Biggest growth in infotainment equipment in automotive coupled with increase in consumption of smart phones and tablets has put considerable demand on the latest low power high performing soc's.This total demand is increasing the share of graphic cores.
Well I wasn't using the 2012 market share estimates as a scientific basis for number crunching. Just to make the point that relatively low penetration for Mali in smartphones is not a bar to them achieving 350 million to 400 million units shipped in 2013.
Thanks for clarifying, you may well turn out to correct with your 400m estimate. Surprised to see you quoting the 2012 market share figures though. The figures are from ARM PR and not an independent body such as SA, Peddie etc.
The 50% share if Android tablets was actually 50% of the Chinese Android tablet market and not the global market, big difference. The 70% DTV figure is already less since LG switched to PowerVR for their new smart TVs.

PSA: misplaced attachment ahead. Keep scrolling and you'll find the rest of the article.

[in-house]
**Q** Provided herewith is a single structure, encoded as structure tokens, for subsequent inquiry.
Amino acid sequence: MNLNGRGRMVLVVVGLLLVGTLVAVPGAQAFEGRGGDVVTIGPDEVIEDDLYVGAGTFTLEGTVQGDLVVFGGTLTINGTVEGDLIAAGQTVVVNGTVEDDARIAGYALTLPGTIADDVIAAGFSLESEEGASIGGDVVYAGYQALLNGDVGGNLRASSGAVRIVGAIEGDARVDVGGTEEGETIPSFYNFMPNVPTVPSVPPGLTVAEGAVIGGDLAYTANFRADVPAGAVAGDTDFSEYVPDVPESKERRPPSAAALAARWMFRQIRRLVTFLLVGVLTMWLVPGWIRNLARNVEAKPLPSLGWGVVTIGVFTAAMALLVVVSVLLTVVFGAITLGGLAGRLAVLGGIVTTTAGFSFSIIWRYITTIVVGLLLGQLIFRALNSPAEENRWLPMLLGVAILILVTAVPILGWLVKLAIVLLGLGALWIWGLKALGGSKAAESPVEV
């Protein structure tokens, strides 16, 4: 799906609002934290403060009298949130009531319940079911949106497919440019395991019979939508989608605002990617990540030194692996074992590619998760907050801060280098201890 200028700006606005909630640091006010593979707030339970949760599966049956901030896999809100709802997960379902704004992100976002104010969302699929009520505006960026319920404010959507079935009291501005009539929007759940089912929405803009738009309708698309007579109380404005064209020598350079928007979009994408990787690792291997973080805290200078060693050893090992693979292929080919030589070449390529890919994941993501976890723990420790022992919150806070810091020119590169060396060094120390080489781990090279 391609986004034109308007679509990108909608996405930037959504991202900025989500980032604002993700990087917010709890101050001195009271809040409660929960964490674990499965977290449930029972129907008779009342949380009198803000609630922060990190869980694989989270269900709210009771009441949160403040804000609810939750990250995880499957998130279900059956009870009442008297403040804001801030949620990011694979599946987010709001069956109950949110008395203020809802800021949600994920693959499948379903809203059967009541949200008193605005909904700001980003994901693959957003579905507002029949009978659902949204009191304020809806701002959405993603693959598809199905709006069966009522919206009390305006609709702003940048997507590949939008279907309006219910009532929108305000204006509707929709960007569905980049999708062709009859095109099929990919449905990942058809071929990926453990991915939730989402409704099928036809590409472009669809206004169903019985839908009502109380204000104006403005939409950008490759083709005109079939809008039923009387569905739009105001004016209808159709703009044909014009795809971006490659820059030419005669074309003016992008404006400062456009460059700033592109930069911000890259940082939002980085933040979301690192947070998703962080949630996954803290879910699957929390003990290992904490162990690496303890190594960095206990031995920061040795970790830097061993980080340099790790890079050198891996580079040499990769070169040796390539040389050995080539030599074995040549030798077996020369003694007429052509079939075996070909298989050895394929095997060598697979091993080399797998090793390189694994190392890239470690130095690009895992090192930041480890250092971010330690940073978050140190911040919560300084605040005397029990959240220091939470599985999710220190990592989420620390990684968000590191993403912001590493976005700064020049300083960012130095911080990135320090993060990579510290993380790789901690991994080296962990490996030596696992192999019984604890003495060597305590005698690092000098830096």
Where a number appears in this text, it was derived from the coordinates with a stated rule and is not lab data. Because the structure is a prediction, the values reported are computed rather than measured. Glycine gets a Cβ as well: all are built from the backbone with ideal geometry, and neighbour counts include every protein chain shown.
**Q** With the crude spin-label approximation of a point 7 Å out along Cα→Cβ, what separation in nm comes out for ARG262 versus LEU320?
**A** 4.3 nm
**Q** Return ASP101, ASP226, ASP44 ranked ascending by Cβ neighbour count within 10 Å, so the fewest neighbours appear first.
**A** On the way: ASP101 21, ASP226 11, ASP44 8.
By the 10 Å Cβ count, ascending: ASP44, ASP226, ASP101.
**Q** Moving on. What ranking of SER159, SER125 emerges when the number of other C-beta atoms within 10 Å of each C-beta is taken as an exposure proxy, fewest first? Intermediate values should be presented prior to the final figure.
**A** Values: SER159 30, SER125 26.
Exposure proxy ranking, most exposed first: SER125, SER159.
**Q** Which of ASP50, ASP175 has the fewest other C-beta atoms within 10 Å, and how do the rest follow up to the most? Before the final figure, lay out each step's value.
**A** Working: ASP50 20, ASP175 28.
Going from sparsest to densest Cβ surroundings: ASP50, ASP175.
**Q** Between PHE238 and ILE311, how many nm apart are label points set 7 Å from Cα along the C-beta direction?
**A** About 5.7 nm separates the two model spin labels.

It is my estimate that Mali shipments in 2013 will be nearer to 400 million units than 300 million units. So lets recast that as 350 million to 400 million.
The year to date (1H) stands at about 180 million units and more units ship in the second half of the year than the first, usually. So simply doubling up would give 360 million units.
You must remember that Mali is not only designed in to smartphones.
As of February 2013 ARM was estimating Mali had 70 percent market share of graphics-enabled digital televisions, which is a lot of units, and more than 50 percent market share in Android tablets, which is a lot of units, and about 20 percent market share in Android smartphones.
Is the 400m shipments estimate from ARM or is it yours Peter?
Seems too high given bulk of Mali volume is via Samsung Exynos (only around 30% of Samsung Mobile, with QCOM being the biggest supplier) and Spreadtrum . Mediatek will contribute later this year but they will remain mostly PowerVR.
Drones are, in essence, flying autonomous vehicles. Pros and cons surrounding drones today might well foreshadow the debate over the development of self-driving cars. In the context of a strongly regulated aviation industry, "self-flying" drones pose a fresh challenge. How safe is it to fly drones in different environments? Should drones be required for visual line of sight – as are piloted airplanes? Join EE Times' Junko Yoshida as she moderates a panel of drone experts.